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Microservices in the Real World: How We Used Red Hat Universal Base Image 8 to Secure Our Containers

Microservices are all well and good, but these are just our modern day applications. And all applications, especially enterprise applications need to be secure. In my previous post I talked about how we were able to dynamically manage Java memory for each of the processes running in our re-architected microservices application. This was just one example of the realities we face when building an enterprise microservices application. We re-architected our application to scale with and automate some of the world’s largest hybrid cloud estates. With that kind of responsibility, every service of this application must be secured.

Challenge: How do you secure containers for the enterprise applications, but keep things simple for your Developers?

A Docker base image is an operating system user space minus the kernel. You can have common base images for various applications, which are created by adding that specific application runtime (such as MySQL) inside the user space. It’s on Developers to choose a base image when they’re building an app in a container. The challenge is choosing a base image that gets you the functionality that you need, but gives you the security that is required.

Open source has the benefit of offering a plethora of stuff fast, but you have to be aware of the consequences of the code you choose. This is especially true when your customer base includes over 20% of the Fortune 500.

We started with packaging our software as containers with Ubuntu, which was not secure enough. Ubuntu is an easy first choice for a base image as it provides bleeding edge functionality, but enterprise security is not the focus of the latest ubuntu images.

We tried Alpine as a lightweight option, but there were too many issues with finding compatible dependent libraries and making sure that our software works with them. After trying a couple of times we gave up.

Then we tried Red Hat Enterprise Linux 7, which had the right level of security, but it is only distributable when running on RHEL environments. This is true for almost all of our large financial customers, but not for every segment of the market or for midsize and smaller environments.

Solution: Red Hat Universal Base Image. It’s designed to be easy to use, has strong security capabilities, and is built for the enterprise customer.

In May of this year, Red Hat announced the Red Hat Universal Base Image. UBI is a freely redistributable container base image based on RHEL 8, including security and functionality needed for containerized microservices applications. Basically, you get the benefits and security capabilities of enterprise Linux, but without the things you don’t actually need for containers. This is a great contribution from Red Hat. They’ve taken on the burden of assessment and ongoing maintenance of security vulnerabilities to support UBI so that Developers have an easier way to build more secure applications that can confidently be deployed in the enterprise.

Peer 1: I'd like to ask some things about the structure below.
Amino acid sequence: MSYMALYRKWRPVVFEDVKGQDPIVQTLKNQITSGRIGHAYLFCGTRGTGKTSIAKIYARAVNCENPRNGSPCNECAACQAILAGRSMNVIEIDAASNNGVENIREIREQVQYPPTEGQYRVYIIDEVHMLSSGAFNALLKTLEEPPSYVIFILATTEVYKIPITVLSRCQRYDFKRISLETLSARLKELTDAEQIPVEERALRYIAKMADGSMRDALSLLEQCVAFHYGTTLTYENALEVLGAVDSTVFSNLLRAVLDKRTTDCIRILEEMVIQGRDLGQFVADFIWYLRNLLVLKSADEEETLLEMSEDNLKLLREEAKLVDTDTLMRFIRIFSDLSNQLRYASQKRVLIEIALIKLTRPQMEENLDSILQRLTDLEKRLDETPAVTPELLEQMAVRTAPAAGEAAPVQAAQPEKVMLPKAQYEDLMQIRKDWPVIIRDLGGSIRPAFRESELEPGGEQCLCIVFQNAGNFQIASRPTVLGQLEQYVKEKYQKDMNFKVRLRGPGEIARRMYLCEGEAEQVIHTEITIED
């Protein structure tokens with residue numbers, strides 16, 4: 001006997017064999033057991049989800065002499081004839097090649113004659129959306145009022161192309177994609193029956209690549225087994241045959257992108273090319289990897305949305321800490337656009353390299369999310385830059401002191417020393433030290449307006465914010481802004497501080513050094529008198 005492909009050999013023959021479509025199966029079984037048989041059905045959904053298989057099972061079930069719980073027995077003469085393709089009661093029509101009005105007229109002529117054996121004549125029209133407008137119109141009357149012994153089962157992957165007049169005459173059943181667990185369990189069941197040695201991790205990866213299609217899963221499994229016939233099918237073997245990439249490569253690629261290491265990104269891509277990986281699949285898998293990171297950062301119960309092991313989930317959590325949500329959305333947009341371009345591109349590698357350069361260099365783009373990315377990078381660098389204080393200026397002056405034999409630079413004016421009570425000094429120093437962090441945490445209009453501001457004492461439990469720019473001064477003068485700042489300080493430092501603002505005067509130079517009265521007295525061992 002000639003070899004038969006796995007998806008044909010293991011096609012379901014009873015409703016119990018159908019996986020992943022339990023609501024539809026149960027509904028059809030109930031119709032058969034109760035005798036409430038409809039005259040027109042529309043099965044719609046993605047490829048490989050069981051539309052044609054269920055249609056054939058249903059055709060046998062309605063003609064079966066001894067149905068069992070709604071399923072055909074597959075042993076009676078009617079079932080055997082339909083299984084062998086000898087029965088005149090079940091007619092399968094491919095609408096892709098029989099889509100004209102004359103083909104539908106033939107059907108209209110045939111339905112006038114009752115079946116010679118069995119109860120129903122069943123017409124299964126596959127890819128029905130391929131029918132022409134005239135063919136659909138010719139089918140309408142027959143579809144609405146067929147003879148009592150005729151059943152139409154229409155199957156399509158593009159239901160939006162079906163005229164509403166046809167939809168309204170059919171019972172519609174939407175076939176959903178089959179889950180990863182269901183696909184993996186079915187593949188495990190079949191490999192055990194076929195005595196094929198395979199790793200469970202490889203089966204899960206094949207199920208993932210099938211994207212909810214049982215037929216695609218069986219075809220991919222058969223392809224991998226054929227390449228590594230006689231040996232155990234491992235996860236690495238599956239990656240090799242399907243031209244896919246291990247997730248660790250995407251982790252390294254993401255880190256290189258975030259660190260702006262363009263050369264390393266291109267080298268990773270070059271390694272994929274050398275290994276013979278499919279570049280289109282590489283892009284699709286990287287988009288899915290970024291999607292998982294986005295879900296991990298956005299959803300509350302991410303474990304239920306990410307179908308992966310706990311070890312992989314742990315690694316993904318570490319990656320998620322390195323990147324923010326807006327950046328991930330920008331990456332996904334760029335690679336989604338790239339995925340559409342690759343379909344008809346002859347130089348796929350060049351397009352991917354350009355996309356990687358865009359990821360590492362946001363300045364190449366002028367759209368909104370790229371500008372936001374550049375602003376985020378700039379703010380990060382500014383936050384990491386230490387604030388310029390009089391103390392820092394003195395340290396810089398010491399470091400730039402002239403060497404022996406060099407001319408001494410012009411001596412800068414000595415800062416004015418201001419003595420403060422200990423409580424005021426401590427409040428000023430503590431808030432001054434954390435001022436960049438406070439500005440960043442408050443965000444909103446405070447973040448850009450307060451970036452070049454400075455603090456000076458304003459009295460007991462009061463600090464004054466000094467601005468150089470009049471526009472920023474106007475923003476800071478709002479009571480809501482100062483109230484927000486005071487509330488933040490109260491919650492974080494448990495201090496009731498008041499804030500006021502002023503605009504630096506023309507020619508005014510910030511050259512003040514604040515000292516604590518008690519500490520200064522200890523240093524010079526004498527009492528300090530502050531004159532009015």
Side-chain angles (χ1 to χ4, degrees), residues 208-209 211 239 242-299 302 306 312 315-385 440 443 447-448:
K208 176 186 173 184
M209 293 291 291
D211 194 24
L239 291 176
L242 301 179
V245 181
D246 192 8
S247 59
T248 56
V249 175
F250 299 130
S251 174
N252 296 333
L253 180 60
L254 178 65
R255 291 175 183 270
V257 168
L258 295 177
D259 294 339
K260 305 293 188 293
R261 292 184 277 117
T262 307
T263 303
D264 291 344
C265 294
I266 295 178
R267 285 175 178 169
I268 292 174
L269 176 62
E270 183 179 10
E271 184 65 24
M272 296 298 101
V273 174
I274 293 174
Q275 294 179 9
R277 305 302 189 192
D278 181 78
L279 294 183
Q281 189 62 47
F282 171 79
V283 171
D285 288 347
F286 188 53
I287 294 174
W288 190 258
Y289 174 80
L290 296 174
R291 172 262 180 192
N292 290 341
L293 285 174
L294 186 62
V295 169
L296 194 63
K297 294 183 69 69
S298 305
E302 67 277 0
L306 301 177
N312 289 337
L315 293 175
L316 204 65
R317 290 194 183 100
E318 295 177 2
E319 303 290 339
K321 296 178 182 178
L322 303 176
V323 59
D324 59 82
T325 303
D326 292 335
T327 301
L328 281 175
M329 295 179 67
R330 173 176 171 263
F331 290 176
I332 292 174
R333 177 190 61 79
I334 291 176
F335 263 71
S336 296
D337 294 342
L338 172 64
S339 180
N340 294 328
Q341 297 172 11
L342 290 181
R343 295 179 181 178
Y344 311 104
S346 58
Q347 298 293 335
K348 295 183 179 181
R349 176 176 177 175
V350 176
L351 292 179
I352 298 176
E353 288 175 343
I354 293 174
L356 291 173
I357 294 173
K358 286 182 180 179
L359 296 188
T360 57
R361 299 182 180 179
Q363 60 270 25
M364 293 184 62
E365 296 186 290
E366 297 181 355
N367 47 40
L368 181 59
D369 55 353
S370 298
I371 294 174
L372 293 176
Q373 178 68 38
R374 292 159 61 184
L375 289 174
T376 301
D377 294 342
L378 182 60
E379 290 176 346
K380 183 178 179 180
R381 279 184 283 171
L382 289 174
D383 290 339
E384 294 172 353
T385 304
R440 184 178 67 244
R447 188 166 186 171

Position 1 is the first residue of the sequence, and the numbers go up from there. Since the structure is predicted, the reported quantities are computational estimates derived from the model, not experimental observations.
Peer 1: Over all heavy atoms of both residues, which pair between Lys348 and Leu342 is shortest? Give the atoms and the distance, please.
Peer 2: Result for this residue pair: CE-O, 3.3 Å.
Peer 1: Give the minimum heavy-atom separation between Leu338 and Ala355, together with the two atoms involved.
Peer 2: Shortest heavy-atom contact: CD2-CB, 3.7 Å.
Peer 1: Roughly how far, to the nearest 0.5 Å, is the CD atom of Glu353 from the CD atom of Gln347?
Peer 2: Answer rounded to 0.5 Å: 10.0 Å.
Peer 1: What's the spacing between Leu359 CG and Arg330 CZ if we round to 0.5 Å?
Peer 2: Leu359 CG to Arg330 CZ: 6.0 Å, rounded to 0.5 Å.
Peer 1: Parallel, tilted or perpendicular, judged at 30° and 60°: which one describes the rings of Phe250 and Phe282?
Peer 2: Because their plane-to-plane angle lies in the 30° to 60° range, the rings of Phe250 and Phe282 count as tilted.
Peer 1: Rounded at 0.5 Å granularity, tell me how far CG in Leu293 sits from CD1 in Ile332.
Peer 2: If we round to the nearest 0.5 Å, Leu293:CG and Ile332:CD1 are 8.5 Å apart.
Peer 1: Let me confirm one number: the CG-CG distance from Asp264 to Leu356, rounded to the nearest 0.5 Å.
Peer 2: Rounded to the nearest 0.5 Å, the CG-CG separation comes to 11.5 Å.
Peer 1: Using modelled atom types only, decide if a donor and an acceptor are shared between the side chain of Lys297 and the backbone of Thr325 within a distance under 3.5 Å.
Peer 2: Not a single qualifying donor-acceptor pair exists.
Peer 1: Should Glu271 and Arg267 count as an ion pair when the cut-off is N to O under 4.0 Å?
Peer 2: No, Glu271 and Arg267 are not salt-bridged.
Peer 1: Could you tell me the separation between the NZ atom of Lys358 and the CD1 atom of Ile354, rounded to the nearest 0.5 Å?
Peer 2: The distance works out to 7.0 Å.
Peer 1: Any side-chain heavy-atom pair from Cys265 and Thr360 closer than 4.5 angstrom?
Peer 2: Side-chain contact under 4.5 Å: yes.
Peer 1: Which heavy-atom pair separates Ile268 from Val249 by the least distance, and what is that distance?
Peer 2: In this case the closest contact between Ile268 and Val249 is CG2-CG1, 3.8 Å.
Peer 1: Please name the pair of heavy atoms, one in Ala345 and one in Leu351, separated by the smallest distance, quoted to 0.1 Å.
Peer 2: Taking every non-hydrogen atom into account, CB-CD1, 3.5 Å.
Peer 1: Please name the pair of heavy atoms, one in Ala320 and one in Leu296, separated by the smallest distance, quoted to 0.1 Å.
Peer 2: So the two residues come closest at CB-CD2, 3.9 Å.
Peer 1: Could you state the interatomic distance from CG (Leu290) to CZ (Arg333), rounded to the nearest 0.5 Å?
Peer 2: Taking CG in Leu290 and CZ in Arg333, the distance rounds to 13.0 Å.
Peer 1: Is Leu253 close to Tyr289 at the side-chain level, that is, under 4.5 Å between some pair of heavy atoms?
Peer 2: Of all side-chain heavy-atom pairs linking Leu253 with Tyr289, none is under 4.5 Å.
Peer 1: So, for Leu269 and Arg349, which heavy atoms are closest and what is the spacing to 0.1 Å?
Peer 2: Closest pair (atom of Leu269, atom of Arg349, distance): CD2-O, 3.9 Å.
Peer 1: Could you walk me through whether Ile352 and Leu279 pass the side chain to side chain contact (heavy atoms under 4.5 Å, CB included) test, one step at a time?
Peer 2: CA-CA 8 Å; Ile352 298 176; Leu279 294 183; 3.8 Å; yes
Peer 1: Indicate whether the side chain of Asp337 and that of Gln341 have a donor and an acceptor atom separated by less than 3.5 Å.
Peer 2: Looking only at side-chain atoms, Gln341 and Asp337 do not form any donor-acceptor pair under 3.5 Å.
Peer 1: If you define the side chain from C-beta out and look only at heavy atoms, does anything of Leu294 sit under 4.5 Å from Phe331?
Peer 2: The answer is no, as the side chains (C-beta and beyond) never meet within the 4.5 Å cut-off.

We switched to UBI 8 and moved both our open source software as well as our ISV images to be packaged on top of the UBI 8 base images. For example, we have been able to use the ubi8-minimal image in our Prometheus and Kubernetes integrations. 

Prometurbo allows our software to pull application response time and transaction metrics from Prometheus into our analytics engine, which then stitches that data to our full-stack analysis to automatically manage application resources to automatically and continuously meet customer’s service level objectives. Check out this video here to learn more: Assuring Application SLOs with Turbonomic.

Likewise, KubeTurbo allows our software to discover CPU and Memory limits, requests, utilization, as well as namespaces, affinity/anti-affinity labels, etc. Our analytics then use this data to automatically determine the right Kubernetes resource decisions at the right time to continuously assure application performance. And since our platform integrates with every layer of the stack (see all Turbonomic integrations), it does so with a full understanding of the underlying infrastructure. You can learn more about our Kubernetes support here.

The bottom line is that these images are part of continuously and automatically assuring the performance of our customers' business critical applications. Our customers put a lot of trust in our software. It has to be secured.

Results: Our developers focus on features and functionality; our customers get the security they expect of a platform running their business-critical applications.

With Red Hat UBI we get enterprise-grade security capabilities, while our Developers can focus on what they do best: building applications. We can deploy our code without modification, including java components, database components, logging and web components because UBI provides the dependent libraries and also continuously maintains them to address security vulnerabilities by bringing updates without breaking compatibility.

Customers can verify the security of these images by scanning them and they can deploy these container images without incurring additional software licensing costs.

Thank you, Red Hat.